The exclusionary rule ensures there is no violation of the rights of individuals being prosecuted.  Human rights law ensures that people are given a fair trial, not subjected to arbitrary searches, right to privacy, and one is not forced to testify against themselves. The exclusionary rule is a mechanism of making sure that human rights are protected. Without such a rule, the laws that have been set to ensure a fair would be turned to just written words that don’t stand in a court. Without the rule, police officers and state agents would often use any available means to acquire evidence from the involved parties. People would be at more risk of being harassed and denied human rights since police officers have the upper hand in being listened to by the government. Inclusion of this rule is a provision that shows human rights need to be observed at all times.

Exclusion of unlawful evidence has an indirect effect of reduction of violation of human rights. One may think exclusion is a way of preventing human rights violations in the future; exclusion shows that potential perpetrators are not worth using torture and other illegal techniques to acquire evidence since it will not be allowed in court. However, it is the criminal justice system’s role to determine whether there is another way that could improve the protection of human rights. Exclusion of evidence is somehow a kind of compensation to the victims whose rights have been violated. Therefore, police officers will feel motivated and always encouraged to use the right procedure and accord victims’ due rights while conducting investigations.

On the other hand, one of the major disadvantages of the rule is that it has minimal effect on innocent people. Innocent people shall always be innocent no matter how the police officer tries to harass them. The concept of exclusionary rule shields criminals from being convicted (Wilkes, 1975).  Criminals are good at what they do; thus, if the investigations are not conducted thoroughly and on time, they are likely to walk free (Gaille, 2017). In some situations, police officers must apply a little force to get what they want, but it is upon them to use their power in the right way. In my view, the exclusionary rule should be a concept that simplifies the entire court process. However, as of now, the rule only seems to make the work of police officers harder.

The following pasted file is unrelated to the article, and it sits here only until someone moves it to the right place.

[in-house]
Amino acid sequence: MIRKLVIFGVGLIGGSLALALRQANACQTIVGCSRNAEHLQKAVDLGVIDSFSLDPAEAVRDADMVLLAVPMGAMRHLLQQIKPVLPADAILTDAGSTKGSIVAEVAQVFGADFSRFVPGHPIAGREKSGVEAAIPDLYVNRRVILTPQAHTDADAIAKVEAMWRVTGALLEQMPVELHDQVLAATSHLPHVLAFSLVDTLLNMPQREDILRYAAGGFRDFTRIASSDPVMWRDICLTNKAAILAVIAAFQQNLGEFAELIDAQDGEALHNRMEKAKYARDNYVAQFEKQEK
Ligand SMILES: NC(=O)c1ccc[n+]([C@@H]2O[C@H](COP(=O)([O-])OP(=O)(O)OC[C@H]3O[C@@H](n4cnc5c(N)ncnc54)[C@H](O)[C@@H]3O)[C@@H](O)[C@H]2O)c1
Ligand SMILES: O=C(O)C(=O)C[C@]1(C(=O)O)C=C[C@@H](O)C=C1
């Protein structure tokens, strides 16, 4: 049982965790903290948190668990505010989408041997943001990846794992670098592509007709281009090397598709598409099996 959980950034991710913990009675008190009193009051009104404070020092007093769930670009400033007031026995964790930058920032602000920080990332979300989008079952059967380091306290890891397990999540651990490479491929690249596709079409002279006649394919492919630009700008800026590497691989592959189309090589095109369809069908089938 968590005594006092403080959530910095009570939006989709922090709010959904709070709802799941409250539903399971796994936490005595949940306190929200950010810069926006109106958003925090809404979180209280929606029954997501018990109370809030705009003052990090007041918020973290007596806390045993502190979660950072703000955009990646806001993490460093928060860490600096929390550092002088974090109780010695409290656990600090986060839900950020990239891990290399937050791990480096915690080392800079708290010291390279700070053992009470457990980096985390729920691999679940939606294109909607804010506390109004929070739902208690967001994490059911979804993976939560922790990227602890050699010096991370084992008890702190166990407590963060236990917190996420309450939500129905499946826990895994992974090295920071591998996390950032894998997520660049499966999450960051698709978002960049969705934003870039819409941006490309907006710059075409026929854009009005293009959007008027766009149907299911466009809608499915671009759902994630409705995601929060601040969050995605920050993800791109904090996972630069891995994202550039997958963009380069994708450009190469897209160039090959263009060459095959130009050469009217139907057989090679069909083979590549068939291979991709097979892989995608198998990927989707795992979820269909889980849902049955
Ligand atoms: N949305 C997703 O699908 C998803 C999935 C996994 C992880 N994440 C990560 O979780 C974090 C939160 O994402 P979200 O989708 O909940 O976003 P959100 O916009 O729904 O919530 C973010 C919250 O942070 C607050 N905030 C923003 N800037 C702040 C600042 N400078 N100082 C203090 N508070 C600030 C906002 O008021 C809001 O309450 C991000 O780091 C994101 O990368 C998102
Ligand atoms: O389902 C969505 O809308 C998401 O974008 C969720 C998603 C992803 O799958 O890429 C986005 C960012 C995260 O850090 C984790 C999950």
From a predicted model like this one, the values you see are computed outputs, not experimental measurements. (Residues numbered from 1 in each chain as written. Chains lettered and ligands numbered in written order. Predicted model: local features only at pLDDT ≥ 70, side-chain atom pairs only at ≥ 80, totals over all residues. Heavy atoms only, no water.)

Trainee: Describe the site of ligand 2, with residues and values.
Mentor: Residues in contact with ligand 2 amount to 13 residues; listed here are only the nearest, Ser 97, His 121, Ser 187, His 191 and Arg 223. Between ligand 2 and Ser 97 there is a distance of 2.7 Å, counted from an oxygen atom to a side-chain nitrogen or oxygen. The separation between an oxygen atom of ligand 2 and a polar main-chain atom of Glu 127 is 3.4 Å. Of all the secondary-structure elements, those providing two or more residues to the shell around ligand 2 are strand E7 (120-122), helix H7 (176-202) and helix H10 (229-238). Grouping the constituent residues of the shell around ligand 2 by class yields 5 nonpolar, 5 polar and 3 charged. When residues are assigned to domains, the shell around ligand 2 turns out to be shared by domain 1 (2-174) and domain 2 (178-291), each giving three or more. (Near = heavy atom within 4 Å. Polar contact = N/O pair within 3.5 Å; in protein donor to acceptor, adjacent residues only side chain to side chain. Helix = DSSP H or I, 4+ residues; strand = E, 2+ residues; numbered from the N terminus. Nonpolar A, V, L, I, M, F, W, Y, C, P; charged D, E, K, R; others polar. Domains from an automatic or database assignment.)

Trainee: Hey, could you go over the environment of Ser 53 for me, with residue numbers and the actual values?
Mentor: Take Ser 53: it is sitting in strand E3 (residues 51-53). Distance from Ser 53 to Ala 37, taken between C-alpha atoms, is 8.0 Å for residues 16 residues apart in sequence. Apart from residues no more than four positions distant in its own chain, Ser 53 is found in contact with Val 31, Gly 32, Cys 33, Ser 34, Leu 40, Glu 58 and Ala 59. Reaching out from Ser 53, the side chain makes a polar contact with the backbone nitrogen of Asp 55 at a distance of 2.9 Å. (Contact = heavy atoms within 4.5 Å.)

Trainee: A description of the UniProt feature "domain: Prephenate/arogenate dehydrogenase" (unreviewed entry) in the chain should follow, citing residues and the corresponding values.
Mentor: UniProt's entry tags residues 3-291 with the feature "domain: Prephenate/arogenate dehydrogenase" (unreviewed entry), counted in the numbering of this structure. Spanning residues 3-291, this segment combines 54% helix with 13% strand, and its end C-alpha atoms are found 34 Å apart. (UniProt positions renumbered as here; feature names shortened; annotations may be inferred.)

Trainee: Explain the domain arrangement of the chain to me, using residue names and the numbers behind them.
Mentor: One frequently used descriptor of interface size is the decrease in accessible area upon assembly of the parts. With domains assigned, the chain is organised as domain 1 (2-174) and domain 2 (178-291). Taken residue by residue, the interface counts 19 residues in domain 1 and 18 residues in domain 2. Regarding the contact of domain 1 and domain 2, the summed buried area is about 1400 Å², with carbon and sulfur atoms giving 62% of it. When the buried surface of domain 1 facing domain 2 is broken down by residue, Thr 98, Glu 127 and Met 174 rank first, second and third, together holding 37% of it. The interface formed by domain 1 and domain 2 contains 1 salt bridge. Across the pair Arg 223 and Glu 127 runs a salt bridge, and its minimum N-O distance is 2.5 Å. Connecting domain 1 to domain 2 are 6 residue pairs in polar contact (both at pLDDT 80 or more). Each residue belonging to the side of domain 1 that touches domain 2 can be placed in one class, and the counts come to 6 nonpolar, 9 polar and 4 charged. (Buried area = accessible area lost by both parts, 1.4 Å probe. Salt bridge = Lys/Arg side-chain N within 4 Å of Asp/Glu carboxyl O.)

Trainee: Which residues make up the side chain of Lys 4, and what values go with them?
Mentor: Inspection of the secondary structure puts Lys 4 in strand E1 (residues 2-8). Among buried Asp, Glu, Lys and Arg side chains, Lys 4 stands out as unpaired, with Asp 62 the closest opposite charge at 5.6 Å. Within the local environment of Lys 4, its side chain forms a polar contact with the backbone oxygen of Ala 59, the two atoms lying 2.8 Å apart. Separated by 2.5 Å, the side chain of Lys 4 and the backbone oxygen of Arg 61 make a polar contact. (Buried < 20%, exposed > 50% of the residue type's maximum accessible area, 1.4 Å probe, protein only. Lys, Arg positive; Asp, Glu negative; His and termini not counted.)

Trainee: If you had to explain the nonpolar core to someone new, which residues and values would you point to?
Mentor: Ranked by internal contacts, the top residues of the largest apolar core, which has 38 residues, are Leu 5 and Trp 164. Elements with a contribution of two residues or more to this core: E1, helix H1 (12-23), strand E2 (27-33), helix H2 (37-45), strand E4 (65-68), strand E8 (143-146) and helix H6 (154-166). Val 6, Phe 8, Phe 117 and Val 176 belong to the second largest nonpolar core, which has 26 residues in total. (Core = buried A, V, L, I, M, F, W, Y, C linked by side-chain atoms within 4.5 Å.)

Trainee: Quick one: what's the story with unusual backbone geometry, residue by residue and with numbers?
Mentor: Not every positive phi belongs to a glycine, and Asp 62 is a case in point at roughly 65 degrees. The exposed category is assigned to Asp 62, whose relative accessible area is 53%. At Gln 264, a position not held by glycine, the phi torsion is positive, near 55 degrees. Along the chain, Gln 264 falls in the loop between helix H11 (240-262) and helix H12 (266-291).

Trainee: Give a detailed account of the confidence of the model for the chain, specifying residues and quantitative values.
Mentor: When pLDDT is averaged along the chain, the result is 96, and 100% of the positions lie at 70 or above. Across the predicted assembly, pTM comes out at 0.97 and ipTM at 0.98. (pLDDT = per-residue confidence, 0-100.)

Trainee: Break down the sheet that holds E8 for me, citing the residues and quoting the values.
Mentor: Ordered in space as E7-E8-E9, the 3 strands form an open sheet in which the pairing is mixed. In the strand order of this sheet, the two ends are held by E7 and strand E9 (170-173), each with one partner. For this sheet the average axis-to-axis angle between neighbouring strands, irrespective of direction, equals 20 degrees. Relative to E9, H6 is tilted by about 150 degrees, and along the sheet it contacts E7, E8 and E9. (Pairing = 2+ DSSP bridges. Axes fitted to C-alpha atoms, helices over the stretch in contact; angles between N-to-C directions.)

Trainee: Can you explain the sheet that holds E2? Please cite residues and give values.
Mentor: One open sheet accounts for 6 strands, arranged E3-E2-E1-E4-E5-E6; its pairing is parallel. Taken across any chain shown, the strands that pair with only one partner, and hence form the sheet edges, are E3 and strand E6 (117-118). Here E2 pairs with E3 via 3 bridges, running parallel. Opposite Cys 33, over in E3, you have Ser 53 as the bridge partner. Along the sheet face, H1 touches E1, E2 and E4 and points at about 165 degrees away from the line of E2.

Another disadvantage is that it makes the judicial process costly since more resources are required. The exclusionary law’s primary goal is to protect suspects from harassment, but it also creates more work for the administrators.  The inclusion of more and tougher regulations results in higher costs and expenditure of the judiciary.  For instance, a criminal’s conviction may take longer than it should due to a lack of key evidence. This also means that the state must have enough officers to handle investigations. Otherwise, some cases will take longer in court. A higher number of state agents results in a higher wage bill for the government (Cameron & Lustiger, 1984). Therefore, the exclusionary rule made the just system costlier.